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US Appeals Court Asks to Hear From Flynn Judge

A U.S. appeals court on Thursday instructed the judge hearing the criminal case against President Donald Trump’s former national security adviser Michael Flynn to respond to a recent petition in which Flynn asked the court to toss the charges.

On Wednesday, Flynn filed a petition with the U.S. Court of Appeals for the District of Columbia Circuit on Tuesday, asking the criminal case against him be definitively dismissed as requested by the Department of Justice.

It also seeks to end the appointment of a court advocate and reassign the case to new judge.

The filing by General Flynn attorney Sidney Powell states, “Petitioner respectfully requests that this Court order the district court immediately to (1) grant the Justice Department’s Motion to Dismiss; (2) vacate its order appointing amicus curiae; and (3) reassign the case to another district judge as to any further proceedings.”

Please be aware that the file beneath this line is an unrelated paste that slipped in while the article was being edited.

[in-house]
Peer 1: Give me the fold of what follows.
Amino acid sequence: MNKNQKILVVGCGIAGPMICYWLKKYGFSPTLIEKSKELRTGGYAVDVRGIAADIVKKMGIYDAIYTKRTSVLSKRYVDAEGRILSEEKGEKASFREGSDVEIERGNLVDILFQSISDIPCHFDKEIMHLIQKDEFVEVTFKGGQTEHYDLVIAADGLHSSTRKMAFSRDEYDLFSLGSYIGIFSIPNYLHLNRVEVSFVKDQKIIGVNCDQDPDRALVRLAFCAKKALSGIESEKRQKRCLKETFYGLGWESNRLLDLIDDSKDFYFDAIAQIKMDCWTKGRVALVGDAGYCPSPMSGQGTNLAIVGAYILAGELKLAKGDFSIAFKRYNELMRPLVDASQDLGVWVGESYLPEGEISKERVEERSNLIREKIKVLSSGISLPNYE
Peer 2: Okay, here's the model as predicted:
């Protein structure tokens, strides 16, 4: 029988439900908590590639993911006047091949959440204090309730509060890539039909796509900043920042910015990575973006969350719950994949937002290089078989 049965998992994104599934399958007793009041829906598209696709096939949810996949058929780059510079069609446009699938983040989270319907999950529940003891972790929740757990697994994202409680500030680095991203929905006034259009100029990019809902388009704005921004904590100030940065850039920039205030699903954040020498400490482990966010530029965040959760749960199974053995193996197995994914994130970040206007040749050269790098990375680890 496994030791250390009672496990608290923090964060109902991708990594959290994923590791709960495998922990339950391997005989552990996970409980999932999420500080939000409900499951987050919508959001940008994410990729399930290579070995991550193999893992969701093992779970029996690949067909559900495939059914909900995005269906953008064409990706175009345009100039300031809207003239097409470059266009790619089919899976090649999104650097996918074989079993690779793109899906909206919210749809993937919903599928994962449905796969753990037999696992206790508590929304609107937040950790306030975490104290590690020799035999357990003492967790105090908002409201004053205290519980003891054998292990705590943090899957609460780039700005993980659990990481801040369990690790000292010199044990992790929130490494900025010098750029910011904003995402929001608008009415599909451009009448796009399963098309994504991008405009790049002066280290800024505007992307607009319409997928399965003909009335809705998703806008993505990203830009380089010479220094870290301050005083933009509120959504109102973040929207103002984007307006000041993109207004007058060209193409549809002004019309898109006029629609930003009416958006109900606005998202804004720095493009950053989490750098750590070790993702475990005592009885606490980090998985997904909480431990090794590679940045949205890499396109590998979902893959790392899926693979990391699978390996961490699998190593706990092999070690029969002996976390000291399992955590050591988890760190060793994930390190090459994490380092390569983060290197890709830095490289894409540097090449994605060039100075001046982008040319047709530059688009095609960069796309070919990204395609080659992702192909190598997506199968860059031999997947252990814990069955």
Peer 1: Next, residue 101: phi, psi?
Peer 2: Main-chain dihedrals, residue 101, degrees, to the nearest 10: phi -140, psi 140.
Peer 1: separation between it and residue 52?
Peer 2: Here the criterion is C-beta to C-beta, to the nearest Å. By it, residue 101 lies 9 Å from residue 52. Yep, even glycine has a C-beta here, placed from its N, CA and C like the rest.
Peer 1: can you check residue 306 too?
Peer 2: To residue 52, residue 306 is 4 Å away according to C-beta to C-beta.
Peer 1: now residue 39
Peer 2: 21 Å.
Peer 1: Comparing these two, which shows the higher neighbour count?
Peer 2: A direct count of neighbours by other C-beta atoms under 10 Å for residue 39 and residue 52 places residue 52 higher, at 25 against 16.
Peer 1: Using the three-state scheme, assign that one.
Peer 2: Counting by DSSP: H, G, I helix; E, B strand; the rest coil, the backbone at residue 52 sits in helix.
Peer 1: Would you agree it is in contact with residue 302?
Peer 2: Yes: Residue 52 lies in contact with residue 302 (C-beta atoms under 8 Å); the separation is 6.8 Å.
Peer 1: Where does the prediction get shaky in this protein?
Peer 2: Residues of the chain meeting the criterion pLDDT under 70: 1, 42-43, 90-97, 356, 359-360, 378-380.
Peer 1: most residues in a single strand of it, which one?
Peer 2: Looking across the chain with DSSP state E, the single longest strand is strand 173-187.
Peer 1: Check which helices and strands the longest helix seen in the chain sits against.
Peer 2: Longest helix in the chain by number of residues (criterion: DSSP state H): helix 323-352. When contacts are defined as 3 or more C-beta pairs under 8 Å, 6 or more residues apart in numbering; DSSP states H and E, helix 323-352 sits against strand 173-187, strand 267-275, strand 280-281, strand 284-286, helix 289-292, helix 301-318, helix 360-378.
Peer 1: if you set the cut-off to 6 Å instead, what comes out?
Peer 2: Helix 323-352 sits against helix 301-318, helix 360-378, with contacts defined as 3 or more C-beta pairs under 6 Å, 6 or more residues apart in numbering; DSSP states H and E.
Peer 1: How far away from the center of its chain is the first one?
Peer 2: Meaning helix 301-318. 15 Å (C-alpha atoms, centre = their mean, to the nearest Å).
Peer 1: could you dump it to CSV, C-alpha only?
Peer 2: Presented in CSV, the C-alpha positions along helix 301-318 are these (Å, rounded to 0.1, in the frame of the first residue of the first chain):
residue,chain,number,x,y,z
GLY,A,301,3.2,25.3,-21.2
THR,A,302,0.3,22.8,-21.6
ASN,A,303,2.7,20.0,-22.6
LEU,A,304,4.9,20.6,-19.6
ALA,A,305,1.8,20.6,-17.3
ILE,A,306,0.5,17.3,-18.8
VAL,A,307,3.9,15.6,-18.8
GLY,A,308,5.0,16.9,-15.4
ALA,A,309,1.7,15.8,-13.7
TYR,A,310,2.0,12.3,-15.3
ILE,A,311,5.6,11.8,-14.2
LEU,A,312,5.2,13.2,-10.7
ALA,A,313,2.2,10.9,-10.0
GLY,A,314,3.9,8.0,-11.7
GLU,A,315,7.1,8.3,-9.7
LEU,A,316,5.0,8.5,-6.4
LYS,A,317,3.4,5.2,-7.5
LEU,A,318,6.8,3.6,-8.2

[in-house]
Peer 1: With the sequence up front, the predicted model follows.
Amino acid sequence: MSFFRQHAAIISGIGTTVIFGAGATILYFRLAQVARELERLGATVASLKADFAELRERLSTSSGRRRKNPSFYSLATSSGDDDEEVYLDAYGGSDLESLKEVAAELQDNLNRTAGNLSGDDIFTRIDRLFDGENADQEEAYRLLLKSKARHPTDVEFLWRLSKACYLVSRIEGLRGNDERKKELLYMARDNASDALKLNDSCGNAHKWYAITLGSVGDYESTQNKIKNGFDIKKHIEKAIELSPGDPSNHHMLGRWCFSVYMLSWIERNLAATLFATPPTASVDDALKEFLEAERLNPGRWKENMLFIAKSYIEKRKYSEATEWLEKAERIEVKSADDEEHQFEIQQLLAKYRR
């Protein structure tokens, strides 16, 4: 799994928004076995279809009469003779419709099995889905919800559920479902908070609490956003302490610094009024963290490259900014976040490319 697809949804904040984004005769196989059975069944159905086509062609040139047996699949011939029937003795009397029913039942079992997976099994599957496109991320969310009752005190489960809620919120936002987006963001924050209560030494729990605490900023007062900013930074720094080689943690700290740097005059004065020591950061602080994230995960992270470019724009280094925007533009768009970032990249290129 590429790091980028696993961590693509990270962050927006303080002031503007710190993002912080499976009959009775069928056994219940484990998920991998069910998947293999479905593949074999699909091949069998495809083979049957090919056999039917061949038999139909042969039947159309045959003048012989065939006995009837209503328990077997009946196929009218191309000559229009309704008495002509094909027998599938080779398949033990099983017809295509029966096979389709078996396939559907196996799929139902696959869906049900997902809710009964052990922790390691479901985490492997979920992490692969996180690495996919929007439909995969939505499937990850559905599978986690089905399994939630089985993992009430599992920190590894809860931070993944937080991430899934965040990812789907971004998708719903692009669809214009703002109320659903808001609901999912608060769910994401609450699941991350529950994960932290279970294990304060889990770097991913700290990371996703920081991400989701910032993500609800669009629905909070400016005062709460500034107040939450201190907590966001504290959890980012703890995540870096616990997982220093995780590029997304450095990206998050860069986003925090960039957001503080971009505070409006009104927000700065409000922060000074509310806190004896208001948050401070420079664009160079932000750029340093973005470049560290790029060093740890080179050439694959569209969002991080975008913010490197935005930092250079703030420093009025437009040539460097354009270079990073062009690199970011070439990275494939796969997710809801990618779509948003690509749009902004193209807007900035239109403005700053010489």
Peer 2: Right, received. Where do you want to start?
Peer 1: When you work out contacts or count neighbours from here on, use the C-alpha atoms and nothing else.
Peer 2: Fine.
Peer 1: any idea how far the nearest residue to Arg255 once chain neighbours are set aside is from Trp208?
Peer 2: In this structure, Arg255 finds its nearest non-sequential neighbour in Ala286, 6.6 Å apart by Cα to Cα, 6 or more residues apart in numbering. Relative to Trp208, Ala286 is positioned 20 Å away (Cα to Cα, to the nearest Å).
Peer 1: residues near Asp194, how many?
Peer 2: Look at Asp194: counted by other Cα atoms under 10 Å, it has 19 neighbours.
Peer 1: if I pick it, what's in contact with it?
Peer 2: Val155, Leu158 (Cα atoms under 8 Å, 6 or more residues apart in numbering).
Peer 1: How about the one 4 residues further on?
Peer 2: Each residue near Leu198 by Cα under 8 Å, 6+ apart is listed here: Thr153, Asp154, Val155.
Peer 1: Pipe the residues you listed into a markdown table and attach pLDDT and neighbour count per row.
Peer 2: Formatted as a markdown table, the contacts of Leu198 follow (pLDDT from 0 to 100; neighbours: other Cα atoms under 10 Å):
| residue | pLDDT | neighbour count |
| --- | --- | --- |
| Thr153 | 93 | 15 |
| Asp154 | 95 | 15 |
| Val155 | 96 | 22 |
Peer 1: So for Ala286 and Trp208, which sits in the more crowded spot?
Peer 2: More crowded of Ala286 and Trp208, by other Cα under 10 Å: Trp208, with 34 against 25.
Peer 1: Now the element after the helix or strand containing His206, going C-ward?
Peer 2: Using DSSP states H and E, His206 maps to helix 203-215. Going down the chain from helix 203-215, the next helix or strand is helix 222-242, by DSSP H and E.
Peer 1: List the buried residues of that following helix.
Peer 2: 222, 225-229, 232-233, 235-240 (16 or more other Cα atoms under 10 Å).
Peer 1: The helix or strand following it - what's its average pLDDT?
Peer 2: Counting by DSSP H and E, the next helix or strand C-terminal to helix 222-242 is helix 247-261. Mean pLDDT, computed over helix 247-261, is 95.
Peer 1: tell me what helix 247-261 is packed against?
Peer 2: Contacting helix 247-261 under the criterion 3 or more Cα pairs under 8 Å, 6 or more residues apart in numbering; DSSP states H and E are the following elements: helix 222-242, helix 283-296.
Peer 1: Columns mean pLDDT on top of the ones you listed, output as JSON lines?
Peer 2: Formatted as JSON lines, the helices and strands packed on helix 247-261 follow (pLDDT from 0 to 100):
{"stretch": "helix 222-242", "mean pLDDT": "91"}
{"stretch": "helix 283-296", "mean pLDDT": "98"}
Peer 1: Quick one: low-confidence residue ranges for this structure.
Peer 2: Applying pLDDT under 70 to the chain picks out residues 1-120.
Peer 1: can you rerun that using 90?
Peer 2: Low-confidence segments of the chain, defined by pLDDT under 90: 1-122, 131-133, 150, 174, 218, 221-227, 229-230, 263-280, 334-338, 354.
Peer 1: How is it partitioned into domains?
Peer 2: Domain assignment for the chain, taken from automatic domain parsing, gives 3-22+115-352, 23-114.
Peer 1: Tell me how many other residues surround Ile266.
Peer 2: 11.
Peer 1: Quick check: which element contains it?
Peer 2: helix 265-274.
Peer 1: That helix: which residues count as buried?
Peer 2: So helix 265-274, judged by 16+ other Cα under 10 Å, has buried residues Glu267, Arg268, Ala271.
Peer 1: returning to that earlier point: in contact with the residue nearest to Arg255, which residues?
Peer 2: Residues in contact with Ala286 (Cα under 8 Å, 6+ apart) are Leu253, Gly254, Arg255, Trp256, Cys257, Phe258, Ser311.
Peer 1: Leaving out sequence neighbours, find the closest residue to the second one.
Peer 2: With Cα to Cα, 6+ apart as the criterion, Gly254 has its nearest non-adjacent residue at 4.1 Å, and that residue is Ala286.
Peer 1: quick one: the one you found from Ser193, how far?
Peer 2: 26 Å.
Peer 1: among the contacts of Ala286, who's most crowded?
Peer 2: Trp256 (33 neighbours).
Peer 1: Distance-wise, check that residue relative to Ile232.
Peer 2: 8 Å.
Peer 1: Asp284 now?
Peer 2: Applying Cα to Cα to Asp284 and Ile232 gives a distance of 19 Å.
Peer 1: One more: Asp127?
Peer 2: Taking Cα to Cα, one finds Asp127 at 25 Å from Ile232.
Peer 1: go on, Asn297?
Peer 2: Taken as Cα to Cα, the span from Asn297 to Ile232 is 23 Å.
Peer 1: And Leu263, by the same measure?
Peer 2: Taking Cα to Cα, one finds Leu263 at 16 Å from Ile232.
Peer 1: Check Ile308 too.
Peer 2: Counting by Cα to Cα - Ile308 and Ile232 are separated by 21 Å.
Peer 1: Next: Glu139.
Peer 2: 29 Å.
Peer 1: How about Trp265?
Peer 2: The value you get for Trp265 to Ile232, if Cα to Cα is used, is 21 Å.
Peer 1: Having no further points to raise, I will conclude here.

Judge Emmet Sullivan was overseeing the case, opposing the DOJ’s bid to dismiss Flynn’s case, and had appointed retired federal Judge John Gleeson to weigh possible contempt and perjury charges.

“Neither the Federal Rules of Criminal Procedure, nor the district court’s local rules authorize amicus participation in criminal cases,” Powell wrote in Tuesday’s filing. “Prior to issuance of its extraordinary May 12, 2020, order, the district judge adhered scrupulously to the district court’s rules, denying some two dozen attempts by third parties to intervene or file amicus briefs in this very case.”

Powell’s filing cited legal precedent supporting the appeal and acknowledge exculpatory evidence that justified the withdrawing of Flynn’s guilty plea on one count of lying to a federal agent on the matter related to a Trump transition contact with a Russian Amb. Sergey Kislyak.

“Now additional facts have established he was not interviewed for a legitimate purpose, and therefore any statements he made were not ‘material’ under 18 U.S.C. §1001, the government justly believes that he is not guilty of any crime,” Powell wrote.

© 2020 Thomson/Reuters. All rights reserved.


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